Chennai: Caught on the back foot by sustained criticism of its poor handling of the recent floods in the state , the Tamil Nadu government has ramped up its damage control exercise over the past two days. On December 13, the chief secretary issued a detailed 13-page statement detailing the events around the release of water from the Chembarambakkam reservoir, and why it was wrong of the media to accuse the government of mismanaging the situation.
This is in the background of the recent flooding of the city of Chennai on December 2 after torrential rains forced the release of 29,000 cusecs of water from the Chembarambakkam reservoir, the city’s main water storage tank, into the Adyar river. Water rose up to 12 feet in some areas as the river flowed in spate. Close to 100 people died in the city alone due to the rains and flooding and most residents suffered enormous damage to property, the quantity of which is yet to be ascertained.
The Wire had earlier reported on the mismanagement of the reservoir, the lack of information made available to the public as well as the subsequent lack of coordination amongst rescue forces which made a bad situation unmanageable.
The chief secretary’s statement begs more questions. Take for instance this:
“The Assistant Engineer in charge of Chembarambakkam Tank, who is the Controlling Officer of the Reservoir is the competent authority under the Rules for Flood Regulation to regulate flood discharge,” says the statement. “As heavy rain was forecast, Supervisory Officers including the Chief Engineer, Chennai Region of Water Resources Organisation, Public Works Department were also present at Chembarambakkam Tank and personally monitoring the situation.
“The Engineers in charge of the Tank closely monitored the inflows and the rainfall in the upstream catchment area and accordingly regulated the discharge from the Tank for the purpose of ensuring the safety of the Tank. No specific instructions or orders are required nor were they sought from the Principal Secretary, Public Works Department or the Chief Secretary regarding surplus releases from the Chembarambakkam Tank in the period leading up to December 1, 2015… Hence, the allegation that they were waiting for instructions from the Principal Secretary, Public Works Department and the Chief Secretary and the imputation that the officers were awaiting the clearance from the Hon’ble Chief Minister are malicious and are canards not supported by the water release data of the reservoir.”
Contrary to the impression created by this claim, The Wire has reliably learnt that except for the chief engineer and some junior officials of the Public Works Department, all other senior engineers were in fact at the secretariat, waiting, along with the PWD secretary outside the chief secretary’s office. It is unclear as to what all of these officials and the secretary were doing there. The engineer-in-chief, a senior official, was in fact present in Tuticorin at the time, 600 km away from the state capital. Decisions on water release were put off until too late. These senior engineers would have ideally formed the crucial control room of the PWD, monitoring water flow and rainfall data real time.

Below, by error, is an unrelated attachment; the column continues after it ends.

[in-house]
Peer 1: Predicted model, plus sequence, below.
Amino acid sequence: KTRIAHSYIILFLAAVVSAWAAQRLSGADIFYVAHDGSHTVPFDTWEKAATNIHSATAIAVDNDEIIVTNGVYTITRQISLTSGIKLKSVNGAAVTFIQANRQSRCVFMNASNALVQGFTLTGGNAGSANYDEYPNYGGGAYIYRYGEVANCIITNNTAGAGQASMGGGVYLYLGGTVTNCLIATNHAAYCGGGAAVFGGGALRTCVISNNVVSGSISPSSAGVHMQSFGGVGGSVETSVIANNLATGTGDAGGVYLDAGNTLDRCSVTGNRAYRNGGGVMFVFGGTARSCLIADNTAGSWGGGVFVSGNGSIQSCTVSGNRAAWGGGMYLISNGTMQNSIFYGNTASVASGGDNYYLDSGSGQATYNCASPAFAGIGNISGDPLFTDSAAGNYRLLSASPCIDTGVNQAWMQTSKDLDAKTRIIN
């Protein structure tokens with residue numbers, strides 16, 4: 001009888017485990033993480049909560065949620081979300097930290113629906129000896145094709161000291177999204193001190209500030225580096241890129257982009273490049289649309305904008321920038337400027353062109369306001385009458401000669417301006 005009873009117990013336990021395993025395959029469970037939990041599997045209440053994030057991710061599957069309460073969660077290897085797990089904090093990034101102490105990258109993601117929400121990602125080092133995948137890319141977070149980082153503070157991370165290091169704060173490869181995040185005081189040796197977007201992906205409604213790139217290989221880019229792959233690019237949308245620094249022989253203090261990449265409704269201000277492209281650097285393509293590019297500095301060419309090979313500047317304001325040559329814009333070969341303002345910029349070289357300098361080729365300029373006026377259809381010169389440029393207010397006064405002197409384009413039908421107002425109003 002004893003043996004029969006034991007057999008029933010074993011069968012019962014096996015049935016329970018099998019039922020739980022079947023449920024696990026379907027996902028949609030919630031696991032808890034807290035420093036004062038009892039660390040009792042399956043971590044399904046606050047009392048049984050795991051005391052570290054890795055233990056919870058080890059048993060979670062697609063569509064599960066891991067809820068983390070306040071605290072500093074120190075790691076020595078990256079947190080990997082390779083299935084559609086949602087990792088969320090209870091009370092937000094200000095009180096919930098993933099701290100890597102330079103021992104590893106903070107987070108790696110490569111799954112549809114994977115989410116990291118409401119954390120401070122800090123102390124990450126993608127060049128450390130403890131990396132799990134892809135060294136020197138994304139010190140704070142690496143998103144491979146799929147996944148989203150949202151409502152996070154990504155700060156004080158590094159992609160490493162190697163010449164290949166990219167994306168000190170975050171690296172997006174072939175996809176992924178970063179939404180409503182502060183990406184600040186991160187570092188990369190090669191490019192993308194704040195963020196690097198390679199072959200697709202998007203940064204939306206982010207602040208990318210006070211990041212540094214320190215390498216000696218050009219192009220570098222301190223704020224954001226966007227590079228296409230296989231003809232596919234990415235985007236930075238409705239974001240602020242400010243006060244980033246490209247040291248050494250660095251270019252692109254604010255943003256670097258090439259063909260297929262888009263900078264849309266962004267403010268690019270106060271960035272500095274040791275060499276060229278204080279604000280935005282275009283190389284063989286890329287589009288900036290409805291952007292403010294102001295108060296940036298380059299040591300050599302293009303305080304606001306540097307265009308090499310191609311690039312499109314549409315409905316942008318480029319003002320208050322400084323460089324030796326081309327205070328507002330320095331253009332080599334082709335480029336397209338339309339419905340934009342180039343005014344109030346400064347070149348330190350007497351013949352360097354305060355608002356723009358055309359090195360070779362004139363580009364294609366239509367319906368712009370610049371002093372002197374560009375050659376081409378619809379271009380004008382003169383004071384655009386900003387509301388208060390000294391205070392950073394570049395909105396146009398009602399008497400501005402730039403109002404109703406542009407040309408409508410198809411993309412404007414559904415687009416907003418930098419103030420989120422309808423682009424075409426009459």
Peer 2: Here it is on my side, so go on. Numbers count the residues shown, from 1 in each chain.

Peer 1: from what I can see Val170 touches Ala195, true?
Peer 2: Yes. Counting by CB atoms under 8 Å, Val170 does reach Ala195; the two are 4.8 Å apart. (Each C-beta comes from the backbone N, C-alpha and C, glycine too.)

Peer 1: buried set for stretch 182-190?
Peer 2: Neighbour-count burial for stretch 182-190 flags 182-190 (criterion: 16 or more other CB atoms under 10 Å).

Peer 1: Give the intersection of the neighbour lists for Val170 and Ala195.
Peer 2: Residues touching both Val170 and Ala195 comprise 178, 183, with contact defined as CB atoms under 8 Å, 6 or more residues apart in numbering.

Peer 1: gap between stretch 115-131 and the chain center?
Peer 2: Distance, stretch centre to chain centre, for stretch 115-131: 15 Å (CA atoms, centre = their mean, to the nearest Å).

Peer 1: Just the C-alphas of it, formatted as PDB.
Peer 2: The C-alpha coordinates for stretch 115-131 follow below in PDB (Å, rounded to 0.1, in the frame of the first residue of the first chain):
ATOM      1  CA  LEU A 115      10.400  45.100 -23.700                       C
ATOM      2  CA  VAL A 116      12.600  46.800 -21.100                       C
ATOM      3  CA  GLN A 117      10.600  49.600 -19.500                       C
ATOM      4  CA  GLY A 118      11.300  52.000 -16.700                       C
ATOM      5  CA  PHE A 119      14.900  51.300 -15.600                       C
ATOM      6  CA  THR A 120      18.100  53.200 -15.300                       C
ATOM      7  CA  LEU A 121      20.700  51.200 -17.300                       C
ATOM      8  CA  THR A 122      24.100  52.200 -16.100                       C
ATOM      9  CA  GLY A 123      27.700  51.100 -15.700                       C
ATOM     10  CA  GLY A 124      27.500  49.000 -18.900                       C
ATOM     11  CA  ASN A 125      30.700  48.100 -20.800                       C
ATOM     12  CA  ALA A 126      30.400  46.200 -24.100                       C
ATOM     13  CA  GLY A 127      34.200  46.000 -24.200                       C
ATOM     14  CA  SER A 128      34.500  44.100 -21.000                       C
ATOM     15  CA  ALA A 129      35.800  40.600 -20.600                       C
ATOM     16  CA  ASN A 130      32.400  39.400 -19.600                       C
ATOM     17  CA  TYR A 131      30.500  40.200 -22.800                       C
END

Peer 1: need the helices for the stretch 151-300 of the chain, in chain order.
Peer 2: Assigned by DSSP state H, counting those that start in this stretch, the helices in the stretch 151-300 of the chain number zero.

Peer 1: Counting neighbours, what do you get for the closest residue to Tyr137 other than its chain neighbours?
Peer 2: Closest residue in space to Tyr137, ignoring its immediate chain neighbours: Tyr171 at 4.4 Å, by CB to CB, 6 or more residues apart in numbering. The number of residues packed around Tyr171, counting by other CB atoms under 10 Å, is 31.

“The control room of the PWD was non-functional,” said the highly placed source who did not wish to be named. “Nobody estimated or anticipated the correct flow in the river consequent to the downpour. That proved costly,” he said.
The chief secretary unwittingly points to how close to a bigger disaster Chennai and its surrounds came to at this point. “The maximum water level in the tank at 9 pm on 1.12.2015 was only 23.40 ft. and had not reached the FTL [full tank level] of 24 ft,” says the statement. By his own admission in the statement, it is mandatory to ensure that water in the reservoir is kept at a level of 2 feet below FTL. Water was clearly allowed to go up to almost the entire 24 feet full tank level and released once the level touched 23.4 feet, a mere 0.6 feet from overflow.
Another question that arises is why the government did not inform the people about the severity of the situation when they knew that 90% of tanks emptying into the Adyar river were already full before the heavy rains began on December 01?